\begin{align*}m \angle 3 = 50^\circ\end{align*}. Draw a perpendicular line at the point of reflection and the laws of reflection state that the angle of incidence is equal to the angle of reflection. So, this is a case of the Same Angles Complements Theorem. \begin{align*}\angle 2 \cong \angle 3\end{align*} because the angle of incidence and the angle of reflection are equal. We can also use this to find \begin{align*}m \angle 4\end{align*}, which is \begin{align*}56^\circ\end{align*}.

Review Questions

Write a two-column proof for questions 1-10.

1. Given: \begin{align*}\overline{AC} \bot \overline{BD}\end{align*} and \begin{align*}\angle 1 \cong \angle 4\end{align*} Prove: \begin{align*}\angle 2 \cong \angle 3\end{align*}
2. Given: \begin{align*}\angle MLN \cong \angle\end{align*} \begin{align*}OLP\end{align*} Prove: \begin{align*}\angle MLO \cong \angle NLP\end{align*}
3. Given: \begin{align*}\overline{AE} \bot \overline{EC}\end{align*} and \begin{align*}\overline{BE} \bot \overline{ED}\end{align*} Prove: \begin{align*}\angle 1 \cong \angle 3\end{align*}
4. Given: \begin{align*}\angle L\end{align*} is supplementary to \begin{align*}\angle M\end{align*} \begin{align*}\angle P\end{align*} is supplementary to \begin{align*}\angle O\end{align*} \begin{align*}\angle L \cong \angle O\end{align*} Prove: \begin{align*}\angle P \cong \angle M\end{align*}
5. Given: \begin{align*}\angle 1 \cong \angle\end{align*} \begin{align*}4\end{align*} Prove: \begin{align*}\angle 2 \cong \angle 3\end{align*}
6. Given: \begin{align*}\angle C\end{align*} and \begin{align*}\angle F\end{align*} are right angles Prove: \begin{align*}m \angle C + m \angle F = 180^\circ\end{align*}
7. Given: \begin{align*}l \bot\end{align*} \begin{align*}m\end{align*} Prove: \begin{align*}\angle 1 \cong \angle 2\end{align*}
8. Given: \begin{align*}m \angle 1 =\end{align*} \begin{align*}90^\circ\end{align*} Prove: \begin{align*}m \angle 2 = 90^\circ\end{align*}
9. Given: \begin{align*}l \bot\end{align*} \begin{align*}m\end{align*} Prove: \begin{align*}\angle 1\end{align*} and \begin{align*}\angle 2\end{align*} are complements
10. Given: \begin{align*}l \bot\end{align*} \begin{align*}m\end{align*} \begin{align*}\angle 2 \cong \angle 6\end{align*} Prove: \begin{align*}\angle 6 \cong \angle 5\end{align*}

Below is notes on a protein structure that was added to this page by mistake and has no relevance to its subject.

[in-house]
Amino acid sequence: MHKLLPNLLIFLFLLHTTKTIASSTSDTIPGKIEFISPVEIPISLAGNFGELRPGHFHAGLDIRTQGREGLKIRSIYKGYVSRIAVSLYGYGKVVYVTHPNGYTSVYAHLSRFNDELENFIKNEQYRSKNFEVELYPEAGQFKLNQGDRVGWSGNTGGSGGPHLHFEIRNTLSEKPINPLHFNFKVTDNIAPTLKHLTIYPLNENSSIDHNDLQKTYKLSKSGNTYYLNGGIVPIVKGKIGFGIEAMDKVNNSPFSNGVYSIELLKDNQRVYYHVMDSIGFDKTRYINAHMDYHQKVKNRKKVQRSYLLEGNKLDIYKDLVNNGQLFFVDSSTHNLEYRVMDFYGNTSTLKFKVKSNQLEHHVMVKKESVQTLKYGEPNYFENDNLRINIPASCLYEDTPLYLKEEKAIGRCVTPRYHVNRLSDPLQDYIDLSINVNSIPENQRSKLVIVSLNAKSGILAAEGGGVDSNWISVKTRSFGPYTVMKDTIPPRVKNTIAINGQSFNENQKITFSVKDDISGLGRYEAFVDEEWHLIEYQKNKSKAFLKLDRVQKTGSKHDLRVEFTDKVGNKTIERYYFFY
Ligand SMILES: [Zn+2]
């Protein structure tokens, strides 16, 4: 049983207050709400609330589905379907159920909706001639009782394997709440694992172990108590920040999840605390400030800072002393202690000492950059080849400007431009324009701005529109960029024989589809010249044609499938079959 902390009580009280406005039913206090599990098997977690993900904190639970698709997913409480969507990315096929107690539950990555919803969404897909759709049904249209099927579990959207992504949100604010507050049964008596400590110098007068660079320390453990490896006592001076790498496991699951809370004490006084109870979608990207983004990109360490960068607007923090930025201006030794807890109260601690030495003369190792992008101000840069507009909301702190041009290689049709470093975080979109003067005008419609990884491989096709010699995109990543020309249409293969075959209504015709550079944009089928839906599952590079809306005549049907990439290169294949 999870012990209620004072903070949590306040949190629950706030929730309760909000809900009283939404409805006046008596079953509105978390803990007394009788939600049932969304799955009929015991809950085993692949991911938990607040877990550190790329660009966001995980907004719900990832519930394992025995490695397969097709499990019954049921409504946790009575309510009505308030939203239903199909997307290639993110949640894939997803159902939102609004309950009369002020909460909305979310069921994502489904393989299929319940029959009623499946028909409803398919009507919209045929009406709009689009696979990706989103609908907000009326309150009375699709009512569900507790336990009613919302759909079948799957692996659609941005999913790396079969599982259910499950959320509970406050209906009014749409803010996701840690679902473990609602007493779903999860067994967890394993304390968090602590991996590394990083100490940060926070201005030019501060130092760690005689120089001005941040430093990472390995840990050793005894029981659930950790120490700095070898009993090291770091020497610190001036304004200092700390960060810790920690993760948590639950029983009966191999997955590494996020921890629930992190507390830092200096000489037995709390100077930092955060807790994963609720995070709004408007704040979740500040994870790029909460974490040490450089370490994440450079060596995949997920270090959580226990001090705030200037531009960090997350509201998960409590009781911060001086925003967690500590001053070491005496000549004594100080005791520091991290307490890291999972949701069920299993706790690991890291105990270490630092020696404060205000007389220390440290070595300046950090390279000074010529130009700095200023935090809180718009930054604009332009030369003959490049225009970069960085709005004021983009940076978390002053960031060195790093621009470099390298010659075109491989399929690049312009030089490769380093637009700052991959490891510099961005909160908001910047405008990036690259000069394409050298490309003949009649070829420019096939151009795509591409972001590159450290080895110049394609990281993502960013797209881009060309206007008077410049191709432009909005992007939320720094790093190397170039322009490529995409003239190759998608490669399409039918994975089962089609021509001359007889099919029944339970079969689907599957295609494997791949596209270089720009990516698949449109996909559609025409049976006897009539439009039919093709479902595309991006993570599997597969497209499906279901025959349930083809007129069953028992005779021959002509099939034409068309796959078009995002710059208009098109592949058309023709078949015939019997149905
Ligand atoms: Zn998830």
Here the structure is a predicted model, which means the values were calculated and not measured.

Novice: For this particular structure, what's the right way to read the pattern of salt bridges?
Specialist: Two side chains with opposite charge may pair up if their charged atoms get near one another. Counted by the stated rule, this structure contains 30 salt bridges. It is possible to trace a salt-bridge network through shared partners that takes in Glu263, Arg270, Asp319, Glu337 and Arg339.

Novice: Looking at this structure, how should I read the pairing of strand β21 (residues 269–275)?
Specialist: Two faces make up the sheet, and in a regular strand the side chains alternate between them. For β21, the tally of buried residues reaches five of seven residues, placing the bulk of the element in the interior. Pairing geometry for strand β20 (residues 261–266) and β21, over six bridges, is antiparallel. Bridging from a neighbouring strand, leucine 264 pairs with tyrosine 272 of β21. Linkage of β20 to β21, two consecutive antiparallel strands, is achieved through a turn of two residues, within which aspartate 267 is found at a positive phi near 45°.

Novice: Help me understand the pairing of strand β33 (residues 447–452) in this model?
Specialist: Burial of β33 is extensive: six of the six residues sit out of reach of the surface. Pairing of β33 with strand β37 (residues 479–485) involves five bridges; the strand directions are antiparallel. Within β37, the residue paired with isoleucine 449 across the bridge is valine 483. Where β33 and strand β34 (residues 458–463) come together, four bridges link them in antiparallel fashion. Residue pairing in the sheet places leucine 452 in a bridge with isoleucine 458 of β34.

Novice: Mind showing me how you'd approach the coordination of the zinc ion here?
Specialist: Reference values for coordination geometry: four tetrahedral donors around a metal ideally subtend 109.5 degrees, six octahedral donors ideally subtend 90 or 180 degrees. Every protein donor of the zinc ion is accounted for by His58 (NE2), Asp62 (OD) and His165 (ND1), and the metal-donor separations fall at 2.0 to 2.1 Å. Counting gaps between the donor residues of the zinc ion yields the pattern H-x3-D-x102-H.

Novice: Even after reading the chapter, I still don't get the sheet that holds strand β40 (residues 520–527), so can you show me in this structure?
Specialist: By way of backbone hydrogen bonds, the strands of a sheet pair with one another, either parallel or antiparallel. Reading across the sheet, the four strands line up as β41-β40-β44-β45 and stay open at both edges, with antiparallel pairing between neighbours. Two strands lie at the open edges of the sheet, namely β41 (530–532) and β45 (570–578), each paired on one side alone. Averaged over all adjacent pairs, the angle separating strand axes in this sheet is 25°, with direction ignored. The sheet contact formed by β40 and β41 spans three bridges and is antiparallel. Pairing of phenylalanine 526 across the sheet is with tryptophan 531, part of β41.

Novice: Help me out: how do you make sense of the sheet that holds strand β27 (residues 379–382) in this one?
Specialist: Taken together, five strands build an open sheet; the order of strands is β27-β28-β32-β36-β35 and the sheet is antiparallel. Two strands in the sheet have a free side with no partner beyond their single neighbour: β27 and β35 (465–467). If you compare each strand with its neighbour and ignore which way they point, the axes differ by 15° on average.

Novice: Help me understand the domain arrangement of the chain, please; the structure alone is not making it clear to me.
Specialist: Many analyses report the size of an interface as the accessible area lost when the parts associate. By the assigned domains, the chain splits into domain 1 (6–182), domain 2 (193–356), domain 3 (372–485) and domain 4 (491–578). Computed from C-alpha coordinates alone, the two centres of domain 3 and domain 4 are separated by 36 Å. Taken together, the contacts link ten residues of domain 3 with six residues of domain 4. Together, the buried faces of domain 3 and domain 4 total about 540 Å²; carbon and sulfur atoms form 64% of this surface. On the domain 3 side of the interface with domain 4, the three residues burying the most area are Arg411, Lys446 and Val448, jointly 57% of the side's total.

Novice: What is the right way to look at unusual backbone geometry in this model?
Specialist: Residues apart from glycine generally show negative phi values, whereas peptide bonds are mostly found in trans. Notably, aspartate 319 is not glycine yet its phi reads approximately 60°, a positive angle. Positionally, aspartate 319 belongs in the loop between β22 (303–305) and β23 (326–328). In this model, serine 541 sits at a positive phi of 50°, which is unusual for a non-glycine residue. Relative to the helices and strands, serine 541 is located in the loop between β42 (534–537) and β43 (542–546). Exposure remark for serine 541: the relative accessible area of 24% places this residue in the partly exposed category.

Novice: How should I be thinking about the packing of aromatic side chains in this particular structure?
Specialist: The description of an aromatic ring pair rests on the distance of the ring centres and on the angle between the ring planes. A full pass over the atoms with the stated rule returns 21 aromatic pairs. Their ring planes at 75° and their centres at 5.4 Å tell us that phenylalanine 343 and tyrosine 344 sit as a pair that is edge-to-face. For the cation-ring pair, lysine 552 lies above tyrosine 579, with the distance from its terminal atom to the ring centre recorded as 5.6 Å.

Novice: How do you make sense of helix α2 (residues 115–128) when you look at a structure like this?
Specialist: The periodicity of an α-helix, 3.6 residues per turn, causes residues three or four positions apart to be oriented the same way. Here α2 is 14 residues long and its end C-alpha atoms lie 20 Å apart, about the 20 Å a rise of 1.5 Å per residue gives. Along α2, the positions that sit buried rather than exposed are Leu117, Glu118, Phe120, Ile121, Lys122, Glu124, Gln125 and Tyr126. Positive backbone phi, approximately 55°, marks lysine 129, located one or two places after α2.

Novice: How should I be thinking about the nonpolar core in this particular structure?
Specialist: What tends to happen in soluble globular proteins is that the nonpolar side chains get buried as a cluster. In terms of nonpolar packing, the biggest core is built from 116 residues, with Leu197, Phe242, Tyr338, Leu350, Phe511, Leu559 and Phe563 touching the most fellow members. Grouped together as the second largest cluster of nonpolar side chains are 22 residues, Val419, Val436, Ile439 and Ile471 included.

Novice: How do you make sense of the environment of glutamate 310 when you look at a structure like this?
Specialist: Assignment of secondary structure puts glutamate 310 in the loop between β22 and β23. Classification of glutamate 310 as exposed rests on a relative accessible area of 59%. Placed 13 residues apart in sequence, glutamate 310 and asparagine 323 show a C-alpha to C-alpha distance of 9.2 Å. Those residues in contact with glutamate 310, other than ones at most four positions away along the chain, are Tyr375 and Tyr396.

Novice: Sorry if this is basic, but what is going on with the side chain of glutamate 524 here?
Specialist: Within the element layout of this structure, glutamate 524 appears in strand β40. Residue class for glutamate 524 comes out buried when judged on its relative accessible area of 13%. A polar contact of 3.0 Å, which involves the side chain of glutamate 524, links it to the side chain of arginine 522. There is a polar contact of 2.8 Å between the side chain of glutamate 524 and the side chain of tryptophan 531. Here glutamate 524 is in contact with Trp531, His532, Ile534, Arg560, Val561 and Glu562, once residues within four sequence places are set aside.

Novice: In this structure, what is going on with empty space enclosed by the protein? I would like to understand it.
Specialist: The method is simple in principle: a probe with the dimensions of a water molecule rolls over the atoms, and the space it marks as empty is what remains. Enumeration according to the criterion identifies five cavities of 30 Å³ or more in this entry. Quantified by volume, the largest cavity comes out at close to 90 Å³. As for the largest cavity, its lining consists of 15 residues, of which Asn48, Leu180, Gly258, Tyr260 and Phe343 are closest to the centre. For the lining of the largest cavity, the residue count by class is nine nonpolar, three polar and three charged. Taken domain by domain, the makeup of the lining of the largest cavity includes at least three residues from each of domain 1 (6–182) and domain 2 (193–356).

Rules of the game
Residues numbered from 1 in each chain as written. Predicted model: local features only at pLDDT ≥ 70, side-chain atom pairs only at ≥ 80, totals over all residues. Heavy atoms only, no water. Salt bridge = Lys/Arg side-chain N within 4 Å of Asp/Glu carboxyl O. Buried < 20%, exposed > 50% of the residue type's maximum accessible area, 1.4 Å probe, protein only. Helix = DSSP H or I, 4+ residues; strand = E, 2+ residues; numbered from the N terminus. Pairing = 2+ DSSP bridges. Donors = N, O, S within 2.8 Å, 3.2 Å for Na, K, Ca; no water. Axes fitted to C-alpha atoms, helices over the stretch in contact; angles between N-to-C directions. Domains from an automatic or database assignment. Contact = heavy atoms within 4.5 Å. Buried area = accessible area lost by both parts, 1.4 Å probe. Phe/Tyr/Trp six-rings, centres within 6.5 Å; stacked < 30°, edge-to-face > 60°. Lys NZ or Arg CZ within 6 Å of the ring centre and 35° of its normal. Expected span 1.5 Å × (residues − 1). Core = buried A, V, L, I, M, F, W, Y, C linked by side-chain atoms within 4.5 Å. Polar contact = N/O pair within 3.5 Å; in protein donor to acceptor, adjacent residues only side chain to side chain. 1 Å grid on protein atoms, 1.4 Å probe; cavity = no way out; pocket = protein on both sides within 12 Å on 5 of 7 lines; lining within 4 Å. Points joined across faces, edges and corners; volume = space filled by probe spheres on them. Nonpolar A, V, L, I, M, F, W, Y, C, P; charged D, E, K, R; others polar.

Use the picture for questions 11-20.

Given: \begin{align*}H\end{align*} is the midpoint of \begin{align*}\overline{AE}, \overline{MP}\end{align*} and \begin{align*}\overline{GC}\end{align*}

\begin{align*}M\end{align*} is the midpoint of \begin{align*}\overline{GA}\end{align*}

\begin{align*}P\end{align*} is the midpoint of \begin{align*}\overline{CE}\end{align*}

\begin{align*}\overline{AE} \bot \overline{GC}\end{align*}

1. List two pairs of vertical angles.
2. List all the pairs of congruent segments.
3. List two linear pairs that do not have \begin{align*}H\end{align*} as the vertex.
4. List a right angle.
5. List two pairs of adjacent angles that are NOT linear pairs.
6. What is the perpendicular bisector of \begin{align*}\overline{AE}\end{align*}?
7. List two bisectors of \begin{align*}\overline{MP}\end{align*}.
8. List a pair of complementary angles.
9. If \begin{align*}\overline{GC}\end{align*} is an angle bisector of \begin{align*}\angle AGE\end{align*}, what two angles are congruent?
10. Fill in the blanks for the proof below. Given: Picture above and \begin{align*}\angle ACH \cong \angle ECH\end{align*} Prove: \begin{align*}\overline{CH}\end{align*} is the angle bisector of \begin{align*}\angle ACE\end{align*}
Statement Reason

1. \begin{align*}\angle ACH \cong \angle ECH\end{align*}

\begin{align*}\overline{CH}\end{align*} is on the interior of \begin{align*}\angle ACE\end{align*}

2. \begin{align*}m \angle ACH = m \angle ECH\end{align*}
3. Angle Addition Postulate
4. Substitution
5. \begin{align*}m \angle ACE = 2m \angle ACH\end{align*}
6. Division PoE
7.

For questions 21-25, find the measure of the lettered angles in the picture below.

1. \begin{align*}a\end{align*}
2. \begin{align*}b\end{align*}
3. \begin{align*}c\end{align*}
4. \begin{align*}d\end{align*}
5. \begin{align*}e\end{align*} (hint: \begin{align*}e\end{align*} is complementary to \begin{align*}b\end{align*})

For questions 26-35, find the measure of the lettered angles in the picture below. Hint: Recall the sum of the three angles in a triangle is \begin{align*}180^\circ\end{align*}.

1. \begin{align*}a\end{align*}
2. \begin{align*}b\end{align*}
3. \begin{align*}c\end{align*}
4. \begin{align*}d\end{align*}
5. \begin{align*}e\end{align*}
6. \begin{align*}f\end{align*}
7. \begin{align*}g\end{align*}
8. \begin{align*}h\end{align*}
9. \begin{align*}j\end{align*}
10. \begin{align*}k\end{align*}

Review Queue Answers

1.

Statement Reason

1. \begin{align*}\overline{VX}\end{align*} is an \begin{align*}\angle\end{align*} bisector of \begin{align*}\angle WVY\end{align*}

\begin{align*}\overline{VY}\end{align*} is an \begin{align*}\angle\end{align*} bisector of \begin{align*}\angle XVZ\end{align*}

Given

2. \begin{align*}\angle WVX \cong \angle XVY\end{align*}

\begin{align*}\angle XVY \cong \angle YVZ\end{align*}

Definition of an angle bisector
3. \begin{align*}\angle WVX \cong \angle YVZ\end{align*} Transitive Property

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CK.MAT.ENG.SE.2.Geometry.2.5